Improving Safety and Quality through Evidence-Based De-Implementation of Ineffective Diagnostics and Therapeutics
Puget Sound, WA
View program fact sheet
We know a lot about how to implement interventions to improve the quality of healthcare. But how do we effectively de-implement care that is low-value or contraindicated, and what are the dynamics and potential unintended consequences of doing so? The Improving Safety and Quality QUERI program helps answer these question by:
- Working with key operational leaders to identify and prioritize diagnostics and therapeutics that are ineffective, contraindicated, or of low value to Veterans – and developing de-implementation strategies that work in concert with operational strategies and policies;
- Testing the effectiveness of de-implementation strategies to reduce ineffective, contraindicated, or low-value diagnostics and therapeutics;
- Developing the science of de-implementation by understanding how de-implementation efforts affect patients’ and clinicians’ experiences of care, and how organizational context affects de-implementation efforts; and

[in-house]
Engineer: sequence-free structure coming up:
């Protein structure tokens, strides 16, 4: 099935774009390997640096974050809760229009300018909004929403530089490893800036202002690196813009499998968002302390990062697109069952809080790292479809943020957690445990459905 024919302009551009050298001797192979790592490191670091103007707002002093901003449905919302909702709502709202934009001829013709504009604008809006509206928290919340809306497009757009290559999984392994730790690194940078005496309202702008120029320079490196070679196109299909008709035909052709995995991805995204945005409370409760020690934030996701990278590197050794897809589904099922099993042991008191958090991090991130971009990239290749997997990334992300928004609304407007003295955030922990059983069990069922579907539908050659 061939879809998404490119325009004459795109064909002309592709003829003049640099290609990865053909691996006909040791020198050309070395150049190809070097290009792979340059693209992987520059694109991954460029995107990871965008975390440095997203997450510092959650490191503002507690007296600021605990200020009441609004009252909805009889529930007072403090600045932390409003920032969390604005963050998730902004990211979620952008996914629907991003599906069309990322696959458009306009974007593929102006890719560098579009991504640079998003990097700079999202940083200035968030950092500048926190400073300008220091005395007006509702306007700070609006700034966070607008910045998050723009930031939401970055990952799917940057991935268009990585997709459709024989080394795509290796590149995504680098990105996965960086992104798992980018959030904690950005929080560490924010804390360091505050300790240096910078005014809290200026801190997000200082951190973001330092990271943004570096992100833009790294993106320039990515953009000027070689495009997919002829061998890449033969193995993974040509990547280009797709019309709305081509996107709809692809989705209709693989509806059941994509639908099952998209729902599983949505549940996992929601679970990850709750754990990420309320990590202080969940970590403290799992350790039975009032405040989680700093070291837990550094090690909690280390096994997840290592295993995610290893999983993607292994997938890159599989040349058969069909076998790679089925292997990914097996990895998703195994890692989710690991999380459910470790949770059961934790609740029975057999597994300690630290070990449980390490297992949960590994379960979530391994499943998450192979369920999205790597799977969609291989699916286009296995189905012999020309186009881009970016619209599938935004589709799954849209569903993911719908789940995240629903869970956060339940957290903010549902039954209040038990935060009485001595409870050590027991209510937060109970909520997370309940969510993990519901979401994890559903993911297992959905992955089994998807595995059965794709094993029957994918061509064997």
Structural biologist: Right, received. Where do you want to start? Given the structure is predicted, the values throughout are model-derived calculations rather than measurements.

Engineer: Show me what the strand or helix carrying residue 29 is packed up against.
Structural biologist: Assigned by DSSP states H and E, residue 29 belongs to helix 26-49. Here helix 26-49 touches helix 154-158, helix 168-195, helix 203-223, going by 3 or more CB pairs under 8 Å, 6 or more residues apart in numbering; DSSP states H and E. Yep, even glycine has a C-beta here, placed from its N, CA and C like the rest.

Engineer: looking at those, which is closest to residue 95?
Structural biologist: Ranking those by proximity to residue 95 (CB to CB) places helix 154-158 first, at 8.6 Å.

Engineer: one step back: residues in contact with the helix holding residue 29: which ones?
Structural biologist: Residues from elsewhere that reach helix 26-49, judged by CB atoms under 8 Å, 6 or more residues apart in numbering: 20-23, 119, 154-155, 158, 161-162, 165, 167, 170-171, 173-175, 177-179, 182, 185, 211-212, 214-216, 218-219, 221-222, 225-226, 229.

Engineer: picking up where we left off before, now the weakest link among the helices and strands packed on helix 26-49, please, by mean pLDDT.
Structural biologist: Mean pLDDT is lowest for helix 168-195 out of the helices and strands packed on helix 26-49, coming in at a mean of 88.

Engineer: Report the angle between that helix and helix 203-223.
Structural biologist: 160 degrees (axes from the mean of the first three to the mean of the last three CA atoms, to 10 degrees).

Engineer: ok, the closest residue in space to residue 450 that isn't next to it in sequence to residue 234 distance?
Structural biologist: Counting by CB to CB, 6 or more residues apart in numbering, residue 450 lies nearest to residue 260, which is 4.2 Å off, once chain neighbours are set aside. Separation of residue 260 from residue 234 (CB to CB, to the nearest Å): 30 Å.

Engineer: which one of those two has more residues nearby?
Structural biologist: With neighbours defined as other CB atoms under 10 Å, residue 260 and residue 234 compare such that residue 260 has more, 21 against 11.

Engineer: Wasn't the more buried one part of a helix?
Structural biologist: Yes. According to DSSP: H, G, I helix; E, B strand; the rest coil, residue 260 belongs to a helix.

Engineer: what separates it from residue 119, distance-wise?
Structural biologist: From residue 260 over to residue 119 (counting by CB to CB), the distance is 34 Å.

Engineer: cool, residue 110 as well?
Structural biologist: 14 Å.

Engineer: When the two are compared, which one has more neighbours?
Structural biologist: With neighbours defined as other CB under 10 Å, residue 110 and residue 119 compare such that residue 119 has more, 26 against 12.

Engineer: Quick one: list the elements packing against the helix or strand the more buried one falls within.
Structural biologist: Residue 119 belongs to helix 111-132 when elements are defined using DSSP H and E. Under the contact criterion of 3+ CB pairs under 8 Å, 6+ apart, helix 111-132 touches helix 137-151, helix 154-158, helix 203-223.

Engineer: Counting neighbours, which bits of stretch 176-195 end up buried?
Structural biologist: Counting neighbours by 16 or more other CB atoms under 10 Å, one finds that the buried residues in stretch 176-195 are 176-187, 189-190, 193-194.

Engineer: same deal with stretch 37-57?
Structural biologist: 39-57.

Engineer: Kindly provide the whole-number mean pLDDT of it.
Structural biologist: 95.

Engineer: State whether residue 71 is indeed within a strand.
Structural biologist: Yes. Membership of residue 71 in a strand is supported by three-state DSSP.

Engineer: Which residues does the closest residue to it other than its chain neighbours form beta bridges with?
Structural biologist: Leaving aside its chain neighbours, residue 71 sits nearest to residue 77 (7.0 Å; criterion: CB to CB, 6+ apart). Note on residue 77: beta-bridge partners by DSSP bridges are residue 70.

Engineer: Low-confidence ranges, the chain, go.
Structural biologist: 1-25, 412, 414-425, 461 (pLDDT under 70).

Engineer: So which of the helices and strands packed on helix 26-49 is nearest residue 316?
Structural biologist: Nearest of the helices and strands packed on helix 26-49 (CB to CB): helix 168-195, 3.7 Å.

- Informing dissemination of effective strategies by assessing the budget impact of de-implementation strategies.
Findings and Impact(s):
DISCUSS COPD. Preliminary analysis shows that among a cohort of 156 patients, QUERI investigators recommended stopping inhaled corticosteroids for 107 (69%) Veterans. Of the 107 patients for whom recommendations were made to discontinue inhaled corticosteroids, 104 (97%) were accepted. A total of 160 additional recommendations were made, including inhaled corticosteroid titration orders, albuterol orders, and repeat pulmonary function test orders. Of these, 90% (n=144) were accepted by their primary care providers.
QUERI investigators are conducting provider surveys, and patient and provider interviews to understand their experience of the proactive e-consult: awareness of harms from inhaled corticosteroid use and availability of alternative therapy; and patients’ perspectives on changing their COPD therapy. The response from primary care providers to the proactive e-consult has been overwhelmingly positive. De-implementing ineffective diagnostic and therapeutic practices has the potential to improve the quality and safety of care for Veterans, improve the value of care, and in some cases, improve timely access to care. In addition, the Lung Nodules project suggests that alternative strategies beyond educational interventions may be needed to encourage radiologists to commit to including a recommendation of “no additional follow-up is needed.”
Principal Investigators: David Au, MD, MSc (David.Au@va.gov); Christine W. Hartmann, PhD (Christine.Hartmann@va.gov); Christian Helfrich, PhD, MPH (Christian.Helfrich@va.gov)
Operational Partners: Pharmacy Benefits Management Services, Office of Specialty Care Services, and Geriatrics and Extended Care